Last week’s events in Rome offer a point of focus – Buffalo, New York – from which to pull back and take a broad view of the leadership crisis that has engulfed the Catholic Church worldwide. The question is: where are we?
It is a more difficult question to answer than it might seem at first glance, especially after 2019 opened with the Zanchetta affair. In case you missed it, one of Pope Francis’s first episcopal appointments in 2013, Bishop Gustavo Zanchetta of Orán in the far north of Argentina, was allegedly an abusive tyrant who misbehaved with diocesan money and seminarians.
Francis had heard complaints about Zanchetta’s misbehaviour years before he took him out of the Argentine see he had given him and installed him behind a tailor-made desk in the powerful and troubled Administration of the Patrimony of the Apostolic See (APSA). Bishop Zanchetta was supposedly suspended from his APSA position pending a Vatican investigation, but he attended a retreat with Pope Francis and other high officials of the Roman Curia in March. Then, when Argentine prosecutors put Zanchetta on trial for criminal misbehaviour with seminarians, he produced a letter from Archbishop Edgar Peña, the sostituto for general affairs in the Secretariat of State – roughly the papal chief of staff – saying the Vatican needed Zanchetta to perform his daily duties.
Earlier this month, rioters in Chile looted and desecrated churches when anti-government protests against economic and social policy turned violent. It was in Chile, too, that the ecclesiastical leadership crisis exploded in Francis’s face, when the Pope accused three heroes of the country’s Church reform movement of slandering Bishop Juan Barros, by claiming the bishop turned a blind eye to their abuse by Fernando Karadima (who was dismissed from the clerical state in 2018).
Stunned by the backlash and the intense public scrutiny, Pope Francis promised he would look into the Barros matter. He instructed Archbishop Charles Scicluna, who duly produced a 2,300-page report. Francis summoned the bishops of Chile to Rome for an emergency session that ended with the entire 34-member Chilean episcopal bench submitting their resignations over the scandal. To date, Francis has accepted fewer than a third of them. Meanwhile, prosecutors in Chile have raided chanceries and other Church offices, handed down scores of indictments of clergy and obtained numerous convictions for abuse.
As we went to press, Catholics in Buffalo continued to call for the resignation of their embattled bishop, Richard J Malone. He is accused of gross mismanagement and pastoral carelessness. He defends his record but admits mistakes. Brooklyn’s Bishop Nicholas DiMarzio recently completed an apostolic visitation to the troubled western New York diocese and submitted his report ahead of the New York bishops’ ad limina visit to Rome).
Instead of producing the desired relief, that visit coincided with news that Bishop DiMarzio is himself facing an abuse complaint under New Jersey’s “civil filing” window, set to open next month. He strongly rejects the accusation. Whatever comes from that, the investigation he conducted will not allow Francis to sew up the Buffalo matter neatly and quietly.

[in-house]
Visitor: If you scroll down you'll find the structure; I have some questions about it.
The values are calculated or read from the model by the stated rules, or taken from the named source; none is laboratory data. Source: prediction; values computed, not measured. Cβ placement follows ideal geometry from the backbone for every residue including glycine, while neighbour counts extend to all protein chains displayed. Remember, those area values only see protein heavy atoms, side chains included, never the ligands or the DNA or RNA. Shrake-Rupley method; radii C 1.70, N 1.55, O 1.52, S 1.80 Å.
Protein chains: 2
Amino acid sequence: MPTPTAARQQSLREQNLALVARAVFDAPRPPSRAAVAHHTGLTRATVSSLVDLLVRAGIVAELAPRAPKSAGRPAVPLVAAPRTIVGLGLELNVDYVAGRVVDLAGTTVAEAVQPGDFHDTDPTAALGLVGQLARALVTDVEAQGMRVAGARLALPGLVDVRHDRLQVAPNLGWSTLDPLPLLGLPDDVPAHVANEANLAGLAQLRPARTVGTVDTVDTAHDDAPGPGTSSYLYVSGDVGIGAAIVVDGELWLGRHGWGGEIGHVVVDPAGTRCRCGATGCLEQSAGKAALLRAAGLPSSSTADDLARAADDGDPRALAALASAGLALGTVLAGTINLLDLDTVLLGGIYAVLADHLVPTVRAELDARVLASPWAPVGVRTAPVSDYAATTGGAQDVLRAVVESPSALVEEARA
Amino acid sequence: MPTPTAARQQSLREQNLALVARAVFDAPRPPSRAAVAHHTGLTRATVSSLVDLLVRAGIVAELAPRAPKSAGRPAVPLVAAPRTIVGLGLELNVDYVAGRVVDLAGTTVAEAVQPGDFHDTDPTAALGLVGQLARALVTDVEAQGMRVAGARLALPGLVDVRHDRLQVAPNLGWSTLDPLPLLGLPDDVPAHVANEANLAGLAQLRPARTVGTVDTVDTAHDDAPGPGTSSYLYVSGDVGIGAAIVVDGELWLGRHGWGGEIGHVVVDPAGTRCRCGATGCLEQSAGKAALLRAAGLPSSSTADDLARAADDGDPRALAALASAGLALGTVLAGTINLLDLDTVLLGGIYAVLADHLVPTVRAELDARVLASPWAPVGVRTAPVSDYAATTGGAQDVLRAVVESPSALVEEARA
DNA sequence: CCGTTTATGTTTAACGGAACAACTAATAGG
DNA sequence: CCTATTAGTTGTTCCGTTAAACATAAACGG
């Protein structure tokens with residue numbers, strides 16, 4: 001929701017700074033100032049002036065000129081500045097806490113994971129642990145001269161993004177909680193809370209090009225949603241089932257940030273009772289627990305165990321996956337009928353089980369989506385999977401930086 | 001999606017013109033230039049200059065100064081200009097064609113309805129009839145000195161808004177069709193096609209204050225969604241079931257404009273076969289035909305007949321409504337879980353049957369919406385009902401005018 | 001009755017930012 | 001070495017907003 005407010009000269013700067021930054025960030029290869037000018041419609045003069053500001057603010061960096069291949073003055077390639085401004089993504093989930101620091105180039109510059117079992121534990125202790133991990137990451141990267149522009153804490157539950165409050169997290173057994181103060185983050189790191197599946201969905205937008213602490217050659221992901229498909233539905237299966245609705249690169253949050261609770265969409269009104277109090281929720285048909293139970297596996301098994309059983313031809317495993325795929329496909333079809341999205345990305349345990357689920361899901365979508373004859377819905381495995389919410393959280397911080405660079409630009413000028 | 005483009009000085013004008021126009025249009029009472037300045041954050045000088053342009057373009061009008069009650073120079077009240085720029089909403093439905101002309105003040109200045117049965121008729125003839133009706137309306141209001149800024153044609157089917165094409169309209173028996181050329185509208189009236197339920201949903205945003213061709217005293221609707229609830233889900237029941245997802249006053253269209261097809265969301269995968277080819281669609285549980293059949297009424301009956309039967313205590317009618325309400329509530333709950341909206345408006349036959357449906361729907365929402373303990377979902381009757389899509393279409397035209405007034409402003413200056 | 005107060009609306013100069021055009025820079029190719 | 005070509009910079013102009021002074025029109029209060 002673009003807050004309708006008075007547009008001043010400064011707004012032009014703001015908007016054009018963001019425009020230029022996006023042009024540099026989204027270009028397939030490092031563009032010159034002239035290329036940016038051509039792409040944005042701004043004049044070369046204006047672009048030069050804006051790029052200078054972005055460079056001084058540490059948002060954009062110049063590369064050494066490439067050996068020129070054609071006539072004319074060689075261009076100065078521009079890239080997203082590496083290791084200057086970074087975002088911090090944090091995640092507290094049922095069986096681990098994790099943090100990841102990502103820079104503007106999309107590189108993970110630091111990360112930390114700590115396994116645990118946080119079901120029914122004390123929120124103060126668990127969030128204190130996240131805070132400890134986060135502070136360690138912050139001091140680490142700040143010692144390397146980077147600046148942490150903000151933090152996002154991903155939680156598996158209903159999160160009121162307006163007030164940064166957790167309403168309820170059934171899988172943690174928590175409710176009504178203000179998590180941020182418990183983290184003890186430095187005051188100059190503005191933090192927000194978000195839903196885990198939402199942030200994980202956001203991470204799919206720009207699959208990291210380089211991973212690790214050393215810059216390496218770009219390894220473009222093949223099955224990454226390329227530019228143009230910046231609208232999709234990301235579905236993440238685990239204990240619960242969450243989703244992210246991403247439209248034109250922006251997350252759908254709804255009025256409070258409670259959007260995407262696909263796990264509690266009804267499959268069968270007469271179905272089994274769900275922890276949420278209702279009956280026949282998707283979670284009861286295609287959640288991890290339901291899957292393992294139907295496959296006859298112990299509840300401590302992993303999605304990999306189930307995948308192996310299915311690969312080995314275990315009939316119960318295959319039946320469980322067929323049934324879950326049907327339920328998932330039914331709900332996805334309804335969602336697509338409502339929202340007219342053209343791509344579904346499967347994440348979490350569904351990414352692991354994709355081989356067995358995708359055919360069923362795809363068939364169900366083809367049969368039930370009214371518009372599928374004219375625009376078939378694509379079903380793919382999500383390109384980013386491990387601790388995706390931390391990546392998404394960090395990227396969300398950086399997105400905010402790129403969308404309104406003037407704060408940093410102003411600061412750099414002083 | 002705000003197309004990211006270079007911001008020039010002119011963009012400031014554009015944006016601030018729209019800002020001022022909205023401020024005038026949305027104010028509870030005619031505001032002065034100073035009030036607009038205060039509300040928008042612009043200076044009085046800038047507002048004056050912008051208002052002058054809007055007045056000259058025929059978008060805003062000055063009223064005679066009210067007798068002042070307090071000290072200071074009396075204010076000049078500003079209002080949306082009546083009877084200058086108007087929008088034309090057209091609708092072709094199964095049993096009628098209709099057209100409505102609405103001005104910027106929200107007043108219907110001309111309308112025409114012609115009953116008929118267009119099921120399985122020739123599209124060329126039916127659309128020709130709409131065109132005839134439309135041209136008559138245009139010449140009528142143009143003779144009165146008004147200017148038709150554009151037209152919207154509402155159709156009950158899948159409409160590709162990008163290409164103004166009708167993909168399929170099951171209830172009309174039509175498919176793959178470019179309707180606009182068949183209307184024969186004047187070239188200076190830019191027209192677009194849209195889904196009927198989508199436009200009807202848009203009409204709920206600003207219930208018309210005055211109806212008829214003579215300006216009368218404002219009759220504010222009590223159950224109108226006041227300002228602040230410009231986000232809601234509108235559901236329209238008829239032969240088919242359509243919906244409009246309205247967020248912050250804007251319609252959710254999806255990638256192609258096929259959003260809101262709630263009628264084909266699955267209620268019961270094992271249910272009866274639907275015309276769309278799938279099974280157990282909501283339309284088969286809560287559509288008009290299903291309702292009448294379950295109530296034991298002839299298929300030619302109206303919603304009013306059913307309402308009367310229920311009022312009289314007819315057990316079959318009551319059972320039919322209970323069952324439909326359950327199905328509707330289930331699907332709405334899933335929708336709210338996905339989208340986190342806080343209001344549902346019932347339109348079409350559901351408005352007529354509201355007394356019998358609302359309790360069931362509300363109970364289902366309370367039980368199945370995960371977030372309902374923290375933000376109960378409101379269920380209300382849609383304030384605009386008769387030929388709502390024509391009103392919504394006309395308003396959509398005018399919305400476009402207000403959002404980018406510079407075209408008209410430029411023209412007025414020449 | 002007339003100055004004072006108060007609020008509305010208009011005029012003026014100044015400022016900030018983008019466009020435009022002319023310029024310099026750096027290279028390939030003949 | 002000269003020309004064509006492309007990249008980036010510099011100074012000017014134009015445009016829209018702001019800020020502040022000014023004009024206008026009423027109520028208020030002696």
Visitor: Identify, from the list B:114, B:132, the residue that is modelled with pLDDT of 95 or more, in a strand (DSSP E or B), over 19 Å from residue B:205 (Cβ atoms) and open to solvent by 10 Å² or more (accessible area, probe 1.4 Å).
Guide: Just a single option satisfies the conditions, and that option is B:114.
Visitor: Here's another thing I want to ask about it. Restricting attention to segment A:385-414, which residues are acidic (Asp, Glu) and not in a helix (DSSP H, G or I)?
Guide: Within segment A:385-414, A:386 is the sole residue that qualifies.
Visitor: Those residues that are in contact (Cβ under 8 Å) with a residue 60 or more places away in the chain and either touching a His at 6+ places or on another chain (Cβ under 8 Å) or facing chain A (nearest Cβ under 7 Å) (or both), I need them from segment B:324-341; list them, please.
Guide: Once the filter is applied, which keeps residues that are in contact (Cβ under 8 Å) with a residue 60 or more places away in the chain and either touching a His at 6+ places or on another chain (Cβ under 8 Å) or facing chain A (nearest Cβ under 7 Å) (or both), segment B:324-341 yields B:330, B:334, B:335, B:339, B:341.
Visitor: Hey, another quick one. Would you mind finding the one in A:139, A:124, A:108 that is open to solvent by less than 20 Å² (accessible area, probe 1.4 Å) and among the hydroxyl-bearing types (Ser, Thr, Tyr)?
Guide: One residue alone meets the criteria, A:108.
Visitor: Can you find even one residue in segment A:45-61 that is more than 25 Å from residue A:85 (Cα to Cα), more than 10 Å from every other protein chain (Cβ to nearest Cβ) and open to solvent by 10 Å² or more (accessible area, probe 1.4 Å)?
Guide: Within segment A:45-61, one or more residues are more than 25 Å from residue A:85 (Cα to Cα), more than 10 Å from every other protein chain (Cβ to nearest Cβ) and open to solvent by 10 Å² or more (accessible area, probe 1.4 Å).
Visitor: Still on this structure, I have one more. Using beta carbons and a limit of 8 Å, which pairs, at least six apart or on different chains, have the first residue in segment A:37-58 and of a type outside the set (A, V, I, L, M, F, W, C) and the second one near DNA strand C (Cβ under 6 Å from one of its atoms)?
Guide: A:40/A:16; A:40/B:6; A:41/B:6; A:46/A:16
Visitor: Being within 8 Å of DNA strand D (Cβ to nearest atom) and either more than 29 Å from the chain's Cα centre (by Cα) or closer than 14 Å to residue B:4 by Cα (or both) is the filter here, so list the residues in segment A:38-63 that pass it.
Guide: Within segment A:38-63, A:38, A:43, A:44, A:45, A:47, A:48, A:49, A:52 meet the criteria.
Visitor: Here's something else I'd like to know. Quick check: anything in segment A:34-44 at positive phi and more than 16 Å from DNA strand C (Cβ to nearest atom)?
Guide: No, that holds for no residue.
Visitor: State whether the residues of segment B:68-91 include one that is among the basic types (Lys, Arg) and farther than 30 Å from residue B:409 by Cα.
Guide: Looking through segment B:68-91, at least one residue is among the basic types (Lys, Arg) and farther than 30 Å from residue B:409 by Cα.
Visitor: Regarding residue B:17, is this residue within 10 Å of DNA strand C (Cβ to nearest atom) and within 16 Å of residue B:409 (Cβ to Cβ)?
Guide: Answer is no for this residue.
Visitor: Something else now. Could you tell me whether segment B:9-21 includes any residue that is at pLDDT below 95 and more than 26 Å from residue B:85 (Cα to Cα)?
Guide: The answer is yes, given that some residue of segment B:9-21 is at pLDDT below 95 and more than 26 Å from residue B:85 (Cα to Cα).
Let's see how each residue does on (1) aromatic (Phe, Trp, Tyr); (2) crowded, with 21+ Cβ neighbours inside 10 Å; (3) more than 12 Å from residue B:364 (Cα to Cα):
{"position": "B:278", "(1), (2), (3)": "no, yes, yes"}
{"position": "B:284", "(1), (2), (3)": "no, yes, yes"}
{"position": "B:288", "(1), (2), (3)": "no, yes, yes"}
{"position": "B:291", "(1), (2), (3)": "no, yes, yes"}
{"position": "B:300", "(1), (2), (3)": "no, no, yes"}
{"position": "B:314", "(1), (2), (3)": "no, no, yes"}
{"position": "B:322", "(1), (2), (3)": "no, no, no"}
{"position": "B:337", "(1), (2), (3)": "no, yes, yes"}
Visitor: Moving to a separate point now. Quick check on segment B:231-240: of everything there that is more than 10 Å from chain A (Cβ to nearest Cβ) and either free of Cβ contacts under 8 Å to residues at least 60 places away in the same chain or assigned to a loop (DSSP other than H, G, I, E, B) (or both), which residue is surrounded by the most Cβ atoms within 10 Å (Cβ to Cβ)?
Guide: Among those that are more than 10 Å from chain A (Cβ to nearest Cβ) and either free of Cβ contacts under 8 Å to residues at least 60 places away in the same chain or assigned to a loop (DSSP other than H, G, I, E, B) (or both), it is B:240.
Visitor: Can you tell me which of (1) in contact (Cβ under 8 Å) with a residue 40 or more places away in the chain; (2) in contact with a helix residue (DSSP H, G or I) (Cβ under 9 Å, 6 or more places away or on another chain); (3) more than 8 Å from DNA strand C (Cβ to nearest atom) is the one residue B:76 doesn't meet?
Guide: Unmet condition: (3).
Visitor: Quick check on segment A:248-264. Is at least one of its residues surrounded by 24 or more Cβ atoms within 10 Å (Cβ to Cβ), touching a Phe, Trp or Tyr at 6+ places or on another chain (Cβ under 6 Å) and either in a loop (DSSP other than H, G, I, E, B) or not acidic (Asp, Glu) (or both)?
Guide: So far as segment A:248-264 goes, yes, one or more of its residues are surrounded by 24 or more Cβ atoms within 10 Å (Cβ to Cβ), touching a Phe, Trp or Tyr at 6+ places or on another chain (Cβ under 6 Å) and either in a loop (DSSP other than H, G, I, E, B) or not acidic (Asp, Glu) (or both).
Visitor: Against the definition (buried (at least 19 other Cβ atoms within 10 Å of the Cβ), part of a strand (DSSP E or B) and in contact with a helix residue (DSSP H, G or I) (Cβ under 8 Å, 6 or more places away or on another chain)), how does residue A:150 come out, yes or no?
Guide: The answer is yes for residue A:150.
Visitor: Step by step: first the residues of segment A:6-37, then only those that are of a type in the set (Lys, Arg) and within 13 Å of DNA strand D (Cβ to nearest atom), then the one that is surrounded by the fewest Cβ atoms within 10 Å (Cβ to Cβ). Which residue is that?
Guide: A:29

Bishop Malone told the Catholic Herald last week that reports that he had submitted his resignation were “absolutely false”. He described his meeting with Francis to Buffalo’s ABC affiliate, WKBW, as “wonderful” and said the Pope had “a very fraternal and pastoral approach to all of us”.
Regarding the ad limina, Bishop Edward Scharfenberger of Albany told the Catholic News Service, “[T]here’s really a feeling that we’ve got one another’s back.” State and federal criminal investigators, meanwhile, continue to probe the Church throughout New York.
A report published at catholicherald.co.uk raised serious questions regarding the modes, methods and persons employed in the apostolic visitation, just as the bishops of New York were beginning their visit to Rome. Why the Buffalo inquiry was an apostolic visitation and not a criminal investigation under Pope Francis’s new law, Vos estis lux mundi, is a question no one in a position to know or comment has been willing to address.
Cardinal Timothy Dolan of New York might have ordered a preliminary investigation under Vos estis on his own authority, and simply informed Rome he was doing so. Failing that, he might have submitted a formal request to the Congregation for Bishops asking the Congregation to authorise a Vos estis investigation, and let it be known he had done so. One of the advantages of a sweeping and largely untested paper reform is that the ones who test it get to write the book on how it is used. It appears that no one connected with the crisis in Buffalo has been willing to undertake that sort of leadership.
If Pope Francis and the Vatican wish to convince the laity of their commitment to reform, they must prove themselves willing to do the hard and needful things. Local bishops – especially metropolitan archbishops, to whom Vos estis gives great power – must be willing to lead, even when showing true leadership means taking the side of their faithful against Roman inertia.
One simple answer to the question that began this analysis might therefore be: we are in Buffalo, New York – where, as our deadline passed, Bishop Richard J Malone was still in his see, while the faithful were waiting for both credible answers and action worthy of the name.